So what is it about greens that make them so good for you? It probably has something to do with the tough life of a leaf. Think of the leaf as the engine of the plant: It’s where photosynthesis, the process of turning light into fuel for the plant, occurs. Photosynthesis creates something called reactive oxygen species, which are turbocharged free radicals that wreak havoc in cells. To combat this molecular chaos, leaves produce tons of antioxidants. “Antioxidants put the…

Rainy Day Lentil And Vegetable Soup

It’s rainy and cold today, which calls for a warm pot of soup and a glowing fire in the fireplace. I love lentil soup, but most canned lentil and vegetable soups contain potatoes which only adds to the carbohydrate count without adding much nutrition. For that reason, I like to make my own. This particular recipe is more like a stew because it is thick with delicious vegetables! I used the prepackaged cooked lentils that can sometimes be found in the produce section of the supermarket or at Trader Joe’s. Their convenience and excellent taste can’t be beat! Feel free to add your favorite vegetables or substitute another dark, leafy green (in place of the kale), if you desire. Then curl up with a good book and a steaming cup of soup — it will warm your heart!


Rainy Day Lentil & Vegetable Soup
(Makes about ten 1¼-cup servings)

2 teaspoons olive oil
1 medium onion, chopped
2 cups celery, sliced
3 carrots, sliced into half rounds
1 cup green beans, sliced
1 medium zucchini, sliced into quarter rounds
6-8 stalks asparagus, cut into 1″ pieces
1 teaspoon minced garlic
2 teaspoons dried parsley
1 teaspoon dried thyme
1 teaspoon dried oregano
1 (14.5 oz.) can diced tomatoes
8 cups reduced sodium chicken or vegetable broth
2½ cups cooked lentils
4 cups kale, chopped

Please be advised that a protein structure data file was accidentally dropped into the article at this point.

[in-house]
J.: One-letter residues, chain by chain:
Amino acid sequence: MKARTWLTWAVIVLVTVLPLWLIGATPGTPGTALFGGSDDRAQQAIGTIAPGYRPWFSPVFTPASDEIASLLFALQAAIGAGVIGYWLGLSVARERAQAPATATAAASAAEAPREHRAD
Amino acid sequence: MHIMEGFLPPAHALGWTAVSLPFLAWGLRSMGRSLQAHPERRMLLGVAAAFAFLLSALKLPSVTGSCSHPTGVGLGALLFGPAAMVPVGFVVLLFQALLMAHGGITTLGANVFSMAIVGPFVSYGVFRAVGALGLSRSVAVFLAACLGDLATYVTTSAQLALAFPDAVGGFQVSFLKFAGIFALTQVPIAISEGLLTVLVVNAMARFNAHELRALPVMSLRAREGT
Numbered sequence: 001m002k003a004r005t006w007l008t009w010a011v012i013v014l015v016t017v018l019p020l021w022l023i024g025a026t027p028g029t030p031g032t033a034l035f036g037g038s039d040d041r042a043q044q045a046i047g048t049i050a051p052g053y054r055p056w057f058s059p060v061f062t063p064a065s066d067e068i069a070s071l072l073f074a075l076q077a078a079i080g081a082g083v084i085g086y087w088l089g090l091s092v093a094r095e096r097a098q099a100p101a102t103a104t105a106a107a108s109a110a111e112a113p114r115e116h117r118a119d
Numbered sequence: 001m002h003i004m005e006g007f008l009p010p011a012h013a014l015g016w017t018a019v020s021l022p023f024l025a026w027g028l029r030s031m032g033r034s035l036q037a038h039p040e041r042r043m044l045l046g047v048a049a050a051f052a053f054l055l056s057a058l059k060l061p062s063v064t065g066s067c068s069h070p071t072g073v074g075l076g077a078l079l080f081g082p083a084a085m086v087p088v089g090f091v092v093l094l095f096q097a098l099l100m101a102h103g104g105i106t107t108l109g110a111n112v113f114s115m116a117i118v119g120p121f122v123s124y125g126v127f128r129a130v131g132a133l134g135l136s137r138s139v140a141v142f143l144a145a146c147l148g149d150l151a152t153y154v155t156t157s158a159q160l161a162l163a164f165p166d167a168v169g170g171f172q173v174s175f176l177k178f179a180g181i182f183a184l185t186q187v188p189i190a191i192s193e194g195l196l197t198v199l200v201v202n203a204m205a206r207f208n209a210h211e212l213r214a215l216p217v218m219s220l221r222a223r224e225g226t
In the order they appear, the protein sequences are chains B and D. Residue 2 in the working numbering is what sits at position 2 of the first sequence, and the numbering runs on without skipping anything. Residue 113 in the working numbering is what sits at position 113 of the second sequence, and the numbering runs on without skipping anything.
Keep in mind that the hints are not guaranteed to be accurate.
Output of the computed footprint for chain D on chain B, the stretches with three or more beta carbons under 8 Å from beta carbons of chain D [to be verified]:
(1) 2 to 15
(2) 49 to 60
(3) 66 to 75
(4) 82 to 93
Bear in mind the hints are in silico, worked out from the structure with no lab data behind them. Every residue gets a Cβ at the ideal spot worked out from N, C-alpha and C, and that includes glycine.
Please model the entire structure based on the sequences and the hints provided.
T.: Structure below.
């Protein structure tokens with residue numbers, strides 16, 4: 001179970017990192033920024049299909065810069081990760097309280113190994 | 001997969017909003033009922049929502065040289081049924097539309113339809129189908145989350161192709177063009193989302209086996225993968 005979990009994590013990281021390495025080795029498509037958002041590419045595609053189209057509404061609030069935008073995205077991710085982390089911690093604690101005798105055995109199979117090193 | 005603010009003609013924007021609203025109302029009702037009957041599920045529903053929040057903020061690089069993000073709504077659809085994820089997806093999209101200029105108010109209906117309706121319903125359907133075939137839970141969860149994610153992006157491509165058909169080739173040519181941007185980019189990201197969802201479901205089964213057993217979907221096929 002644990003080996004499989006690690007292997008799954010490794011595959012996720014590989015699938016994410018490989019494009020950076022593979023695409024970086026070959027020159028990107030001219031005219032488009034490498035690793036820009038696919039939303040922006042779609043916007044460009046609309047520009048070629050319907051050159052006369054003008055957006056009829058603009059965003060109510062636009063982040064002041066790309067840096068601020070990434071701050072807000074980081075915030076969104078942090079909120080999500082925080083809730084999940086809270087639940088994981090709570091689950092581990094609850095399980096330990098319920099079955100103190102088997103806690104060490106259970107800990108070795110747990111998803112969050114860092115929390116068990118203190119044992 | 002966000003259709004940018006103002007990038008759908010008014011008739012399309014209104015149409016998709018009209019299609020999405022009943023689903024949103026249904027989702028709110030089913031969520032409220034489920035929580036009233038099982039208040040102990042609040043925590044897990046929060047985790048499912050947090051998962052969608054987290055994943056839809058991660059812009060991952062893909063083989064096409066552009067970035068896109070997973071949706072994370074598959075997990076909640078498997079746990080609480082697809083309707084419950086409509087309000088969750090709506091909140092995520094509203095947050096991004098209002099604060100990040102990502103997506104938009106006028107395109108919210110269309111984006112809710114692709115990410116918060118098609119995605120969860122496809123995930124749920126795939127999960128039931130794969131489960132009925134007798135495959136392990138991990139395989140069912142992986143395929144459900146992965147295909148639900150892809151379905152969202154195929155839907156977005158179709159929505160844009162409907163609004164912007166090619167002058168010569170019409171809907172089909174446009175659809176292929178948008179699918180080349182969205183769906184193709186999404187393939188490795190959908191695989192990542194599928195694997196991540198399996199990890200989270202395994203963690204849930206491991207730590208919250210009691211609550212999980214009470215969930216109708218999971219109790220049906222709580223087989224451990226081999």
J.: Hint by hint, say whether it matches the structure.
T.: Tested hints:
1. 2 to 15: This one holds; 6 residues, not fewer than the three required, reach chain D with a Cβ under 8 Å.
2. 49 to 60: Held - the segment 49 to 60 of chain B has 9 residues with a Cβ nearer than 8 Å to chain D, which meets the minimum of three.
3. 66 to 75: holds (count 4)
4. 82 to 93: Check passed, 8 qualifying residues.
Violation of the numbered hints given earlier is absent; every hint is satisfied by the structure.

Salt and pepper to taste

1. Heat olive oil in a large dutch oven or stew pot. Add onion, carrot, celery, green beans, zucchini, asparagus, garlic and dried herbs. Cook, stirring occasionally, until onions are soft and translucent. Add tomatoes and broth and bring to a boil. Add lentils and kale and simmer for 30-40 minutes until vegetables are soft and kale has wilted. Adjust seasonings and serve.

Nutritional Information per serving: 111 calories, 20 g carbohydrate, 1 g total fat, 0 g saturated fat, 5.9 g fiber, 486 mg sodium, 8.5 g protein.

Original recipe by Kathy Sheehan, copyright 2010.

Recipe by Diabetics Rejoice! Read her amazing blog here, find her on Facebook here, and check out her website here!

Cause to Celebrate: ‘Healthful’ Restaurants are a Huge Trend in 2017


Soho’s Miss Paradis shares a recipe for zucchini tagliatelle with kale and basil pesto

Eating healthy while eating out used to be difficult. Massive portions, over-salted meals, sauces laden with saturated fats and hidden sugars—restaurants used to only care about making their food taste and look good. That’s no longer the case, thanks in part to a society more focused on wellbeing and a vegetable-forward (but not necessarily vegan or vegetarian) approach to cooking that’s been adopted by respected industry leaders and celebrated by the media.

The result is the opening of more health-minded concepts like Miss Paradis, a Philippe Starck-designed casual eatery in Soho from famed French restauranteur Claude Louzon and his daughter Julie Louzon. Opened last month, the buzzed-about culinary destination features dishes like roasted eggplant with tahini dressing; charred rainbow carrots and steamed…